Archive for the ‘History’ Category

Louis Lingg Goes Out with a Bang

Nov
10
HACAT_V22

HACAT_V22

Condemned for a crime he (probably) did not commit, Louis Lingg escaped the hangman’s noose when he chose to eat it. Literally. He blew a blasting cap in his mouth.

Lingg was one of the eight anarchists who were …

Alfred Stieglitz and the 19th Century

Oct
27

Terminal

The Art Institute of Chicago will exhibit Alfred Stieglitz and the 19th Century. Stieglitz helped to elevate photography to fine art and contributed to the Pictorialist movement.

Born on January 1, 1864, Stieglitz was educated among the New …

Over She Goes!

Oct
20

Annie_Taylor

Going over Niagara Falls in a barrel doesn’t sound like a secure retirement plan, but it was the course of action for trendsetter Anne Edison Taylor. On October 24, 1901, her 63rd birthday, the daredevil plunged into the Niagara …

Remember Haymarket!

Sep
01

Haymarket Monument

On Tuesday May 4, 1886, workers striking for an eight-hour day gathered at Haymarket Square in Chicago. A bomb went off, seven cops were killed and seven anarchists were sentenced to death. A combination of a partisan judge and a …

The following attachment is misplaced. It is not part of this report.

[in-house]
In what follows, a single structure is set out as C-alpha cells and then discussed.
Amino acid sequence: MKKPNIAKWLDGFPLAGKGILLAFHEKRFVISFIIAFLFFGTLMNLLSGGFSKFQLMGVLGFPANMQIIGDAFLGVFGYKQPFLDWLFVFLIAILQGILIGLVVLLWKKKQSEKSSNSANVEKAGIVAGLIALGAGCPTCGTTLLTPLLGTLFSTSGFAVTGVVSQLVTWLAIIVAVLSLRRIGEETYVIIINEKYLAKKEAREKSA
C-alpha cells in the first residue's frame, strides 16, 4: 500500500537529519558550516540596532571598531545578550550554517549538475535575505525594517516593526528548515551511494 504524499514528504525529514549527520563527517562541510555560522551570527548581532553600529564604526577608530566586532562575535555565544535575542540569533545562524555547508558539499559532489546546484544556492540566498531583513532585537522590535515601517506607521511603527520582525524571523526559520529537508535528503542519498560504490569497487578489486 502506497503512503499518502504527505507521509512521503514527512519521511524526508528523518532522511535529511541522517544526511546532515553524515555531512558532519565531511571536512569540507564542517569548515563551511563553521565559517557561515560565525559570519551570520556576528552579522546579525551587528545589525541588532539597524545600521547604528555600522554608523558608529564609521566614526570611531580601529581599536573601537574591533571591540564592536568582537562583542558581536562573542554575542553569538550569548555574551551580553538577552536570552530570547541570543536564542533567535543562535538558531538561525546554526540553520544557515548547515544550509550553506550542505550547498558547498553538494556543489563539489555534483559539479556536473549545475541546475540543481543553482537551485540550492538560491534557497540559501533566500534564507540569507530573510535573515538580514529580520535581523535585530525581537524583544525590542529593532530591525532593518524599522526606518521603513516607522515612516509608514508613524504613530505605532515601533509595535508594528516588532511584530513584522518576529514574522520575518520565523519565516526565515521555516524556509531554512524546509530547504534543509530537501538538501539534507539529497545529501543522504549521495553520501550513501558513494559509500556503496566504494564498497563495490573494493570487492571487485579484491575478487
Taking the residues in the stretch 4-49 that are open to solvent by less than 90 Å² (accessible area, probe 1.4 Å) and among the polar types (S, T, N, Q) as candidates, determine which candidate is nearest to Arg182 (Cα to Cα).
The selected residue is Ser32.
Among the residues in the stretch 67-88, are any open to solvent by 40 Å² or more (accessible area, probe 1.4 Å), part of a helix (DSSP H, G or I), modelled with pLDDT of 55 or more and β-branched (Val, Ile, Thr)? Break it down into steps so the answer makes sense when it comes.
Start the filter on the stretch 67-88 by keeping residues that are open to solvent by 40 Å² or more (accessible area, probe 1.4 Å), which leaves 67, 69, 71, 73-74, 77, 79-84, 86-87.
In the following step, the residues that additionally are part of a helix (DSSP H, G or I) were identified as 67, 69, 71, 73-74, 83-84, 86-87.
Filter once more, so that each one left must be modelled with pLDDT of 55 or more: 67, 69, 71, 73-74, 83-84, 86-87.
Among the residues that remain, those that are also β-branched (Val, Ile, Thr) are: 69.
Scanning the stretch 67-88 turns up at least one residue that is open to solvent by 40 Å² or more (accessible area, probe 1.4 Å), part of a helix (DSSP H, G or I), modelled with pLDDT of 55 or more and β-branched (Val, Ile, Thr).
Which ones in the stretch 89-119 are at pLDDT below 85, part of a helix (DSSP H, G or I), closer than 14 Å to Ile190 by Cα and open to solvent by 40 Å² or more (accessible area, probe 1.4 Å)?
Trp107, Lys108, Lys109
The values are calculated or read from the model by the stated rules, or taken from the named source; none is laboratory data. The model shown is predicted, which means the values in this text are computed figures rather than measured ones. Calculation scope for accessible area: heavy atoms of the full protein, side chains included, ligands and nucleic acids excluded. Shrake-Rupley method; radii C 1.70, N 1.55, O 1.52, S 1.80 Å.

The Wingfoot Air Express Disaster

Jul
21

wingfootexpress

Some twenty years prior to the Hindenburg, Chicago had its own airship disaster. Thirteen people were killed and twenty-six were injured when the Wingfoot Air Express dirigible crashed into the Illinois Trust and Savings Building.

On July 21, 1919, the …

The Lager Beer Riot

Apr
16

lager-beer-riot

Raise a glass to the Lager Beer Riot! It exposed a strain of bigotry that ran through the Temperance movement and opened doors to recreation.

In the 1840s, Chicago’s population expanded with the influx in immigrants. Irish escaped the Great

Ray Johnson: Friend of the White City

Apr
14

fotwctours

Author Ray Johnson is truly a friend of the White City. He provides free lectures and tours on Chicago’s 1893 World’s Columbian Exposition via The Friends of the White City. He was kind enough to answer a few questions …

What’s In a Name?

Apr
07

Locus

In the April 1987  Locus Magazine  letters column, author K.W. Jeter coined the term steampunk.…

The Day There Were No Cops

Mar
24

Badge

On March 22, 1861, Mayor “Long John” Wentworth fired the whole Chicago police force.

To see how this occurred, it’s necessary to review a little history of the Chicago Police Department and the relationship that Wentworth shared with it.

Before …

Do You Want a Taste of the Whip?

Mar
10


books

In these times of fifty shades of media saturation, credit is due to the author whose name inspired the term masochism, Leopold Von Sacher-Masoch. His name and proclivities were used as examples in the early psychiatric community, but his …